I’m of a mixed mind about Howard Kurtz’s story in the Washington Post today on the Boston Herald’s struggle to survive and thrive.
On the one hand, it’s well-reported and hits most of the right notes. On the other, the central theme — that of the “scrappy,” “feisty” tabloid trying to carve out a niche in the shadow of the dominant Boston Globe — is one that could have, and often has, been written about at any point during the past quarter-century. I’ve cranked out more than a few of those myself.
The article’s principal shortcoming, I think, is that Kurtz does not attempt to assess where the Herald’s Web site fits into the overall picture. BostonHerald.com is unusual in that it is almost entirely divorced from the print edition — it’s continuously updated, and there’s no good way of knowing whether a particular story ever made it into print or how it was played. Given its status as almost a free-standing entity, it’s an interesting experiment in online journalism.
As of last June, according to Nielsen/NetRatings, BostonHerald.com was drawing some 1.2 million unique visitors a month. That’s not nearly as many as the Globe’s site, Boston.com (4.2 million). But it’s still a lot of people. And you would think, at least anecdotally, that online readers do not fit the aging, blue-collar profile of the typical tabloid reader.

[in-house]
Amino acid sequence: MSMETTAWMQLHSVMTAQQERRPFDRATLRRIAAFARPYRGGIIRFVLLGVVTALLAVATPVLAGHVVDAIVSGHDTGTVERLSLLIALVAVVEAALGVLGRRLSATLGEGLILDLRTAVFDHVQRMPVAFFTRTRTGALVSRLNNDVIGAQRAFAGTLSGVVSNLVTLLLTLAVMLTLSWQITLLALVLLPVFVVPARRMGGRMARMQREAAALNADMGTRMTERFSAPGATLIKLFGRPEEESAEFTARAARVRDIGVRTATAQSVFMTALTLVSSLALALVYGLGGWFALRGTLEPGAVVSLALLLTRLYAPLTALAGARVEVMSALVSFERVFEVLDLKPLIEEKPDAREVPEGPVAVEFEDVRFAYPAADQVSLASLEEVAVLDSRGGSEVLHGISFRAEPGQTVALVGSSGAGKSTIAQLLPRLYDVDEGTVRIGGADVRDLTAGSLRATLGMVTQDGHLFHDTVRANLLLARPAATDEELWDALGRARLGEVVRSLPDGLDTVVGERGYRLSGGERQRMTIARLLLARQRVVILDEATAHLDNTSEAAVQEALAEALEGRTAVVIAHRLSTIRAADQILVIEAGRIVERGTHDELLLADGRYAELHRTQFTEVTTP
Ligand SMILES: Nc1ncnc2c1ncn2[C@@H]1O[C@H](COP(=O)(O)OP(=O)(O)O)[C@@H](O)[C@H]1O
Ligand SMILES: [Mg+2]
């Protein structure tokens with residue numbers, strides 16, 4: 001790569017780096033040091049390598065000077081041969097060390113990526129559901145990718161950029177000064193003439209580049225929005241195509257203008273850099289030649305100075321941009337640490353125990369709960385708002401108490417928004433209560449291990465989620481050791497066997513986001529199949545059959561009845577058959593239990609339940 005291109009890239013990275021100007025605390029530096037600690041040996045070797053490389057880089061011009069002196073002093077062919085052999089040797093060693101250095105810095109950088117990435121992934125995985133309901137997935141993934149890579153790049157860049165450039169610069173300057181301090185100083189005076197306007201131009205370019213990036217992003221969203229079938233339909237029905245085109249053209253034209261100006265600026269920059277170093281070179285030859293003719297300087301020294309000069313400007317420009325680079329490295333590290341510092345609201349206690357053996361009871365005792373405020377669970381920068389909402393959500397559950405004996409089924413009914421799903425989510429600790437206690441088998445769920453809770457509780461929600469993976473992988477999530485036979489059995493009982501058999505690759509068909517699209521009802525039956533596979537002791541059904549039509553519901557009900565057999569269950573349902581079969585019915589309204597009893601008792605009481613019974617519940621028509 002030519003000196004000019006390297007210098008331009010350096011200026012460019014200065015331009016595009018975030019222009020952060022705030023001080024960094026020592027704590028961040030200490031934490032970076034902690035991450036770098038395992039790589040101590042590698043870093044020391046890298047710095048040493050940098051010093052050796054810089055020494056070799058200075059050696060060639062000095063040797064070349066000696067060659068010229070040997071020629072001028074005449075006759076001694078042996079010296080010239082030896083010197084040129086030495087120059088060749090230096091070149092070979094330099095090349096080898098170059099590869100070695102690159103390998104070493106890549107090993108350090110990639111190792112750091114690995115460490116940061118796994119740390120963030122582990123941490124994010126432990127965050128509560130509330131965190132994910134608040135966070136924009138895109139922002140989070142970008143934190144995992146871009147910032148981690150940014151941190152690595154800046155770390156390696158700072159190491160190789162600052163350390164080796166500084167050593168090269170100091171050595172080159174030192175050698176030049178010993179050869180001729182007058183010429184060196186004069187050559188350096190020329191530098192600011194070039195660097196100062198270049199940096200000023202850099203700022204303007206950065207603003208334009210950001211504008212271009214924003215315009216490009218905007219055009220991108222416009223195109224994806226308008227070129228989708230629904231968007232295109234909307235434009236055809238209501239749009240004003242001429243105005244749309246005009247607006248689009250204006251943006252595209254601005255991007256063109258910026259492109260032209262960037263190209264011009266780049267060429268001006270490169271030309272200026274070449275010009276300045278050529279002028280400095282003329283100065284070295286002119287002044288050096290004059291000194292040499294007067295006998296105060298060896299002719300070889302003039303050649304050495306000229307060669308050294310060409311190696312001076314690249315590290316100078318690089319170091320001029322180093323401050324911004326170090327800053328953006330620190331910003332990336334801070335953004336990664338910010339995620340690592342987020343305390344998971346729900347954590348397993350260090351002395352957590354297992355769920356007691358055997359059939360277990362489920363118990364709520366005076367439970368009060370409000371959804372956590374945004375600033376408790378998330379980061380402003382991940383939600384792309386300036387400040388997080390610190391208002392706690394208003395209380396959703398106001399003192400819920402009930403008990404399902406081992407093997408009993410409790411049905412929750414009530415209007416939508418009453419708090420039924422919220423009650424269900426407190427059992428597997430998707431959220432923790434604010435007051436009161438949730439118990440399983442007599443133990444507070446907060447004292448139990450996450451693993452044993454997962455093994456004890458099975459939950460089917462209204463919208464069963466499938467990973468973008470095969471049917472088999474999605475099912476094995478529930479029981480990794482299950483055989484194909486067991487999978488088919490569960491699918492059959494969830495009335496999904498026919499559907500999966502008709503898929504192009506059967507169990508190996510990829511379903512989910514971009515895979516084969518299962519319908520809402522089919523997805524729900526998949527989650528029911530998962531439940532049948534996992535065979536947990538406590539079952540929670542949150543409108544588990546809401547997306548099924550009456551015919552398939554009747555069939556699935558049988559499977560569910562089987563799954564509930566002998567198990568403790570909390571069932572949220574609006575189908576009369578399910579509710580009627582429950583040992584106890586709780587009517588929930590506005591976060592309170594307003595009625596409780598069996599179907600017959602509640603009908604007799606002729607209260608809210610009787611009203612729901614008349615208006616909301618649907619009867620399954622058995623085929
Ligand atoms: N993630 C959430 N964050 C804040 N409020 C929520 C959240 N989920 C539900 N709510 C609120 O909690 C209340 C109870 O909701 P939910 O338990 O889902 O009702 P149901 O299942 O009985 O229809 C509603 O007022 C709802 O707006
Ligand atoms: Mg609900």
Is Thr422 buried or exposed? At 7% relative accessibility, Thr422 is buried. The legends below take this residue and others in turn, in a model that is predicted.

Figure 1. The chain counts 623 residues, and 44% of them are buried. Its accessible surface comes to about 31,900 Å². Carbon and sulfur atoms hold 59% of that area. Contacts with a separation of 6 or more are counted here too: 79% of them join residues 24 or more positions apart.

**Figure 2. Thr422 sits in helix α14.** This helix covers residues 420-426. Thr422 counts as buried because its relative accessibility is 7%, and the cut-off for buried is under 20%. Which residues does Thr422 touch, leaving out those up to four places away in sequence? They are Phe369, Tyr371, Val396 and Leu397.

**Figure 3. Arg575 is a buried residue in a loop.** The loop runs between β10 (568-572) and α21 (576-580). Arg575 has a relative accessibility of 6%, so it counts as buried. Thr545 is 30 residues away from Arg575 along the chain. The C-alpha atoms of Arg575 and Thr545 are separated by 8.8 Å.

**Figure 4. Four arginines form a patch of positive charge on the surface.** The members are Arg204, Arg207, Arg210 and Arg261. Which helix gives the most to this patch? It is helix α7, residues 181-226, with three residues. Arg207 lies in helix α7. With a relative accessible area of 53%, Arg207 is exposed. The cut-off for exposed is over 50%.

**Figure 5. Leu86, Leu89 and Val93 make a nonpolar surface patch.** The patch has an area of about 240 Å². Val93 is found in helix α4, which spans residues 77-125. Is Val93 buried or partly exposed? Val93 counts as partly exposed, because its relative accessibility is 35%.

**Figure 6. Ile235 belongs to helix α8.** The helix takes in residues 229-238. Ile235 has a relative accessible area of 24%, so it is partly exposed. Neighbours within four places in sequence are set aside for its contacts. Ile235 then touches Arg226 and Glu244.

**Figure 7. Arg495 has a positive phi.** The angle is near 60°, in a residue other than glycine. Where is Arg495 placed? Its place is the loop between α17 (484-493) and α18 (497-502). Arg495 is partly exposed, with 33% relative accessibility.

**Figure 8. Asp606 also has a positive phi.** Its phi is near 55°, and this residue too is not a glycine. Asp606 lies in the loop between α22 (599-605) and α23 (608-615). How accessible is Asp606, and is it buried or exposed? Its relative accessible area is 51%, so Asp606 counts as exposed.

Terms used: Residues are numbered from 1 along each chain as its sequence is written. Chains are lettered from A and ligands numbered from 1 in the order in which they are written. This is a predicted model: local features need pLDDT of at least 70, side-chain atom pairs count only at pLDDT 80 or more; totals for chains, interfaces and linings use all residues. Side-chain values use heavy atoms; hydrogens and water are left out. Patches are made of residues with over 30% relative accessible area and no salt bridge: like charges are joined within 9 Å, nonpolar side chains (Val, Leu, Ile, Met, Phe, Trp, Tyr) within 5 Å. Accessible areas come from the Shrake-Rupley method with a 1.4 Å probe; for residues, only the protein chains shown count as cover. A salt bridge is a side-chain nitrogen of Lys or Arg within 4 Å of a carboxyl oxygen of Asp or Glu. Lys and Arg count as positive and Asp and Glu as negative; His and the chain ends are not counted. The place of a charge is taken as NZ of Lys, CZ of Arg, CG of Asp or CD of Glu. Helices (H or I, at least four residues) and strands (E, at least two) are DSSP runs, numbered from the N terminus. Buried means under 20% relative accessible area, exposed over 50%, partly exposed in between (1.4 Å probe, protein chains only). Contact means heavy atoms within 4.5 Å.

If Kurtz wanted to write another story about the struggle of a gritty urban tabloid, that’s fine. Personally I’d be more interested to read about how a gritty urban tabloid is struggling to reinvent itself as a news source whose online presence is at least as important as its print edition.
That’s especially true on a day when we learned that newspaper circulation took another dive (check out those wretched Globe numbers), and when the venerable Capital Times of Madison, Wis., made the switch to its much-discussed mostly online distribution model.
More on the Capital Times. Jay Rosen weighs in.